Regularly call, send emails, meet and educate your network to warm them up for eventual investment with you.  Plan to spend at least four months working and meeting with prospective investors.  You have to get a sense of the number of potential investors and level of commitment they can invest.

Go to free REI groups & Meetups.  If there is not one near you consider starting one.  Don’t forget social media, join groups, ask questions and offer input to discussions.

Build your team

Real estate is a team sport.  You need to have many experts to put together a successful transaction.  

Commercial Real Estate Brokers are critical to your success.  Get to know some.  Let them know what you are looking for.  It will take some time to develop the relationship, but this is important.  When you have a relationship with a broker, that knows exactly what you are looking for, they will share off market deals with you before making available to the public.

When you have identified a market to invest in get to know the local professionals.  A property management firm is key.  Interview several to make certain they are a good fit.  They can also introduce you to other off market opportunities from properties they manage.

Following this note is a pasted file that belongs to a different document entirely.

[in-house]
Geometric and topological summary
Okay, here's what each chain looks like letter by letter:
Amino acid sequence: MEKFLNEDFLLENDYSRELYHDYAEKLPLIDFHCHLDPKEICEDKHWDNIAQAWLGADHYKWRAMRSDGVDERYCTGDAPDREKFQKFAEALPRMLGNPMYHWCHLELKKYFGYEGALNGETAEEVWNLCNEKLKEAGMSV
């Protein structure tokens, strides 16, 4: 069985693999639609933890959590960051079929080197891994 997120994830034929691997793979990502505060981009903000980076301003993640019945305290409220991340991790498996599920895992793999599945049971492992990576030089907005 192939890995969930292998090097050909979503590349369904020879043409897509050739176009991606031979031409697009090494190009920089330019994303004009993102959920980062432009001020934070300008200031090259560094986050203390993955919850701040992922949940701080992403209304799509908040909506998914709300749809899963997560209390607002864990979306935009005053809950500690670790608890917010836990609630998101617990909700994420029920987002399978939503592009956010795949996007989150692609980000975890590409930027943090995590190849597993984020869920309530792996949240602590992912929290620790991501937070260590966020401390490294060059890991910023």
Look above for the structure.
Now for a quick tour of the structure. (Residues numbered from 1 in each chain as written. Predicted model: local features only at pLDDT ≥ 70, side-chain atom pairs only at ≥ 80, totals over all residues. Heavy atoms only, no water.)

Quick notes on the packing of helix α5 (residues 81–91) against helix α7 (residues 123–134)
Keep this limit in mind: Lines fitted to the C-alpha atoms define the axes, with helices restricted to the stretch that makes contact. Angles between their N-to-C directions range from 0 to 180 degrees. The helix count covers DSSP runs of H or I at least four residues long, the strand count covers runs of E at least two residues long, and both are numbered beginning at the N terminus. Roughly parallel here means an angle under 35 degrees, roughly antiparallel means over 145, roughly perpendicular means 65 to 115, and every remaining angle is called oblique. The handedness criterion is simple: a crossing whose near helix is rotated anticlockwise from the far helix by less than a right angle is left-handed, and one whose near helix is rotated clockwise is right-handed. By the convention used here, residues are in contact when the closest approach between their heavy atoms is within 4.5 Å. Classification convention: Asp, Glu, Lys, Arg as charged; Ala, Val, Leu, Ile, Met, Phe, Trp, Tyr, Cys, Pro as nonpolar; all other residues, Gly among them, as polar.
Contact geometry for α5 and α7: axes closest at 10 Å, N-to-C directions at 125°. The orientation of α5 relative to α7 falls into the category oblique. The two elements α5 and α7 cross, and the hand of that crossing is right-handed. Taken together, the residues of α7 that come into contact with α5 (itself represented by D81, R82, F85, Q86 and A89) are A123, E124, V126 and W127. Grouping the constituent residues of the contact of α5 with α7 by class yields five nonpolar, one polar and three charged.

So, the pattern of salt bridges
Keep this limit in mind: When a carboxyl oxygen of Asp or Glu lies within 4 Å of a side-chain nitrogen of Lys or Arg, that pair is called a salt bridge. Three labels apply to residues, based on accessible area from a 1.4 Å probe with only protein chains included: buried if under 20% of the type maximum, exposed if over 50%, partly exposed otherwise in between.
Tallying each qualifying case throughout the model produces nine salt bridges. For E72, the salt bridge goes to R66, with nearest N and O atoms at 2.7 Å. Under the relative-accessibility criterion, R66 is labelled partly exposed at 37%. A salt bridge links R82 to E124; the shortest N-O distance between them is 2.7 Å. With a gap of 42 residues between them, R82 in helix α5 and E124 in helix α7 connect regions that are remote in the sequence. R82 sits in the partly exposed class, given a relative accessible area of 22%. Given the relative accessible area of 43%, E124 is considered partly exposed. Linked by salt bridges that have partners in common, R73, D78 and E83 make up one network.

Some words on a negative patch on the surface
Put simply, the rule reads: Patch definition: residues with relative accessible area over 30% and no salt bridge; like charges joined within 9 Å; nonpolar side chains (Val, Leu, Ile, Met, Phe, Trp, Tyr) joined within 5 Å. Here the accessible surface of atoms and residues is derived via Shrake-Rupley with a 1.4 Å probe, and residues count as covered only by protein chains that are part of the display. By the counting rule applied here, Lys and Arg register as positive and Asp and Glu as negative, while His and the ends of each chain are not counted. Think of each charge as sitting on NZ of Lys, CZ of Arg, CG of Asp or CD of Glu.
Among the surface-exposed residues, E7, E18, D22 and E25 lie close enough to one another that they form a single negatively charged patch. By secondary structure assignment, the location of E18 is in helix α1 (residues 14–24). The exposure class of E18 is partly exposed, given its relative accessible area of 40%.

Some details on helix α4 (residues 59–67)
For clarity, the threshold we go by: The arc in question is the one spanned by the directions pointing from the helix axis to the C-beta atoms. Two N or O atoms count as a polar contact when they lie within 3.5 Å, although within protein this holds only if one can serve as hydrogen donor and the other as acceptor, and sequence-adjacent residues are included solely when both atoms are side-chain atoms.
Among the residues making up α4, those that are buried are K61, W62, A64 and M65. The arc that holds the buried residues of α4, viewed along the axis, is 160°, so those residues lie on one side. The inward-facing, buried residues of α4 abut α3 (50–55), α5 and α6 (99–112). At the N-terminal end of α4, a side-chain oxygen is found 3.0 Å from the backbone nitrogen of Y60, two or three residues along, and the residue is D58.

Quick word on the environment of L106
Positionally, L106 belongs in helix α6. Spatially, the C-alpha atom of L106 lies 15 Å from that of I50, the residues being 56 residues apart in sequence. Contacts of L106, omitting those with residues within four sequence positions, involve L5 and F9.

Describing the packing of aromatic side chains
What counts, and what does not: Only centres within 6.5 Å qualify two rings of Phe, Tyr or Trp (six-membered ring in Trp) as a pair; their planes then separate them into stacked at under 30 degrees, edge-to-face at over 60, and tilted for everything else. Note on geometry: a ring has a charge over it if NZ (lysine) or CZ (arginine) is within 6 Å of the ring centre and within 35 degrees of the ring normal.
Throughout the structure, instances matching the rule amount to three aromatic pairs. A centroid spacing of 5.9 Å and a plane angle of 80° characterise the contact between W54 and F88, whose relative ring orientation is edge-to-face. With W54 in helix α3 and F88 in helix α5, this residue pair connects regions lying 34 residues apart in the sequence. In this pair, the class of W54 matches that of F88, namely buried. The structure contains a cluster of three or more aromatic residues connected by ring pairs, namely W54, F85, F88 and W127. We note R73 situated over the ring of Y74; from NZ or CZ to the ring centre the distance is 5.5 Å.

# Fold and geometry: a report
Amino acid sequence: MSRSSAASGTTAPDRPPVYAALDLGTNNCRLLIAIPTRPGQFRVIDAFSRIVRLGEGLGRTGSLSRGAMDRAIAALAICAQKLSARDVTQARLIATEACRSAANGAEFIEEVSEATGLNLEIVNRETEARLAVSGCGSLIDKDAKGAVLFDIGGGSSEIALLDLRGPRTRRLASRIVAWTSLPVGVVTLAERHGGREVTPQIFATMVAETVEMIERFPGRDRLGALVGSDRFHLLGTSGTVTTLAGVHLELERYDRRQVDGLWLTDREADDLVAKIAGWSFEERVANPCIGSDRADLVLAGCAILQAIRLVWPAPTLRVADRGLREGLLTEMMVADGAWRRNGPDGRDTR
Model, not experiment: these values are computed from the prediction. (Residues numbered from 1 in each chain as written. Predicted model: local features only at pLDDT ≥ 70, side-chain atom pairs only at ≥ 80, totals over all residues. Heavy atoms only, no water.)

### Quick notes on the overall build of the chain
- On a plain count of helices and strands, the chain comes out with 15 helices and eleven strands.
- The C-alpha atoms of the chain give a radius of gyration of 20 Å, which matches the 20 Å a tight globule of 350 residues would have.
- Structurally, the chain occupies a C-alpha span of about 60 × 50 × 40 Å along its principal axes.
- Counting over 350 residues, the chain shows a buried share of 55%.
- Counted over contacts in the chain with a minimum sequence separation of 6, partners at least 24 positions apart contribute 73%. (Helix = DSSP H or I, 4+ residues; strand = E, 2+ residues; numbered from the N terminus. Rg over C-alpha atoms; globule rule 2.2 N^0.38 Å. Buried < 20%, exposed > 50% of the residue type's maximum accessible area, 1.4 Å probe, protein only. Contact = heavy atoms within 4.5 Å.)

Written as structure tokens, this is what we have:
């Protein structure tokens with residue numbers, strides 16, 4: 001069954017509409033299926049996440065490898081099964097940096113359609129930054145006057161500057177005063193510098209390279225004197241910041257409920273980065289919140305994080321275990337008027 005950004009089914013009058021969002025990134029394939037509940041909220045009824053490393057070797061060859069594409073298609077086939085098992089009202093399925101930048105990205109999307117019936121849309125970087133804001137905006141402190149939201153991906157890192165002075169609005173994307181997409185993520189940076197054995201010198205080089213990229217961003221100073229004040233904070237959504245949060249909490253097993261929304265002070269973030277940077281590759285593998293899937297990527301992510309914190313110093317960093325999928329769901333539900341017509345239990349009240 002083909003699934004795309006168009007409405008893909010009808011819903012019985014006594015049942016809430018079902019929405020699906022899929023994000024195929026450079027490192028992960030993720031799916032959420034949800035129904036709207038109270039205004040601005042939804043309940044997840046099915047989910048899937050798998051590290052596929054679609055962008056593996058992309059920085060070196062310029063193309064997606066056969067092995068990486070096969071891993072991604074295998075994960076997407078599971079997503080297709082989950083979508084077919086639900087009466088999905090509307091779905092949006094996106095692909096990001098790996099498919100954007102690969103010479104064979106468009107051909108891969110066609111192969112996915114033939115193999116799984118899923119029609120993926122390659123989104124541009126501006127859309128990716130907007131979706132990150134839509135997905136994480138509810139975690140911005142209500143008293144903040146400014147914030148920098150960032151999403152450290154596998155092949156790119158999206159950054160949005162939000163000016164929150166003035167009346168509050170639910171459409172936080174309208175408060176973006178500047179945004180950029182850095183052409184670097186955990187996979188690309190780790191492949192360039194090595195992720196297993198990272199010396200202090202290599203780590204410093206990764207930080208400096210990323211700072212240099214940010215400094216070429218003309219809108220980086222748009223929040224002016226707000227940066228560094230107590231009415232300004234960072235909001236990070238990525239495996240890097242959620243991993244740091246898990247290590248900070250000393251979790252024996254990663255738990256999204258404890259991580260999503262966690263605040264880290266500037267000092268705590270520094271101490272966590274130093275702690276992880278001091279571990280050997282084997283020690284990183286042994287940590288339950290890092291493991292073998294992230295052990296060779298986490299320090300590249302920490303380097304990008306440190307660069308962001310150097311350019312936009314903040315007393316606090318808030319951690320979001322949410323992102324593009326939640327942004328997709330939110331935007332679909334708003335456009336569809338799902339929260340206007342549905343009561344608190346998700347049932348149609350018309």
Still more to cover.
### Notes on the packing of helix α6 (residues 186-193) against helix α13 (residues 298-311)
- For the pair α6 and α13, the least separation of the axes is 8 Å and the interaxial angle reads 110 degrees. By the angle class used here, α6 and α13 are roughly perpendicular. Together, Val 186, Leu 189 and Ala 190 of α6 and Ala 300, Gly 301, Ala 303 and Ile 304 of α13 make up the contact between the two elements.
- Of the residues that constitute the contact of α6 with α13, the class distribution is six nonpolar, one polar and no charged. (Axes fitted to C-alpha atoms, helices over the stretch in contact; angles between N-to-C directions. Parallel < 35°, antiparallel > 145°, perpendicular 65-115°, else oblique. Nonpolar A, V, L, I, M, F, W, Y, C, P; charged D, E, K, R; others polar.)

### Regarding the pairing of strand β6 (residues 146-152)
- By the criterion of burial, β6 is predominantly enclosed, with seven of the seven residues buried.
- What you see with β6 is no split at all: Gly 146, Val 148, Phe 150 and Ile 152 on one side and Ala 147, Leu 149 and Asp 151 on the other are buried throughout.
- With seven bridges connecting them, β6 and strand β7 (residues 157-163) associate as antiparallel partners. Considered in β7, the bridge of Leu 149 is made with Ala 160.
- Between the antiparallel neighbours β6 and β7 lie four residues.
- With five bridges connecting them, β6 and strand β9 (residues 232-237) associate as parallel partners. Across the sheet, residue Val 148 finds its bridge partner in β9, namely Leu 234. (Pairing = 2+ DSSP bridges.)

You will also need an attorney and CPA to navigate your investment.  Depending on the size of property, investment and number of investors (partnership to syndication) will determine the level of professional services you will need.

An experienced mortgage broker will help you navigate financing the balance.  Depending on the property, the team you have in place and size of the mortgage, will determine the loan programs available to you.


As Vinney says, build your network and “Jump into multifamily now” to get the long term rewards available to you.

For more go to:


Nov 9, 2017

Fundraising Rules are complex sections of Regulation D that must be followed to stay out of trouble with the SEC.

Syndication is a popular real estate investment strategy for raising capital used by real estate syndicators.  The legal cost to comply with the rules and regulations can be prohibitive.     

Failure to follow the rules can result in being classified as a “bad actor”.  A Bad Actor can be prohibited from future involvement in SEC fundraising.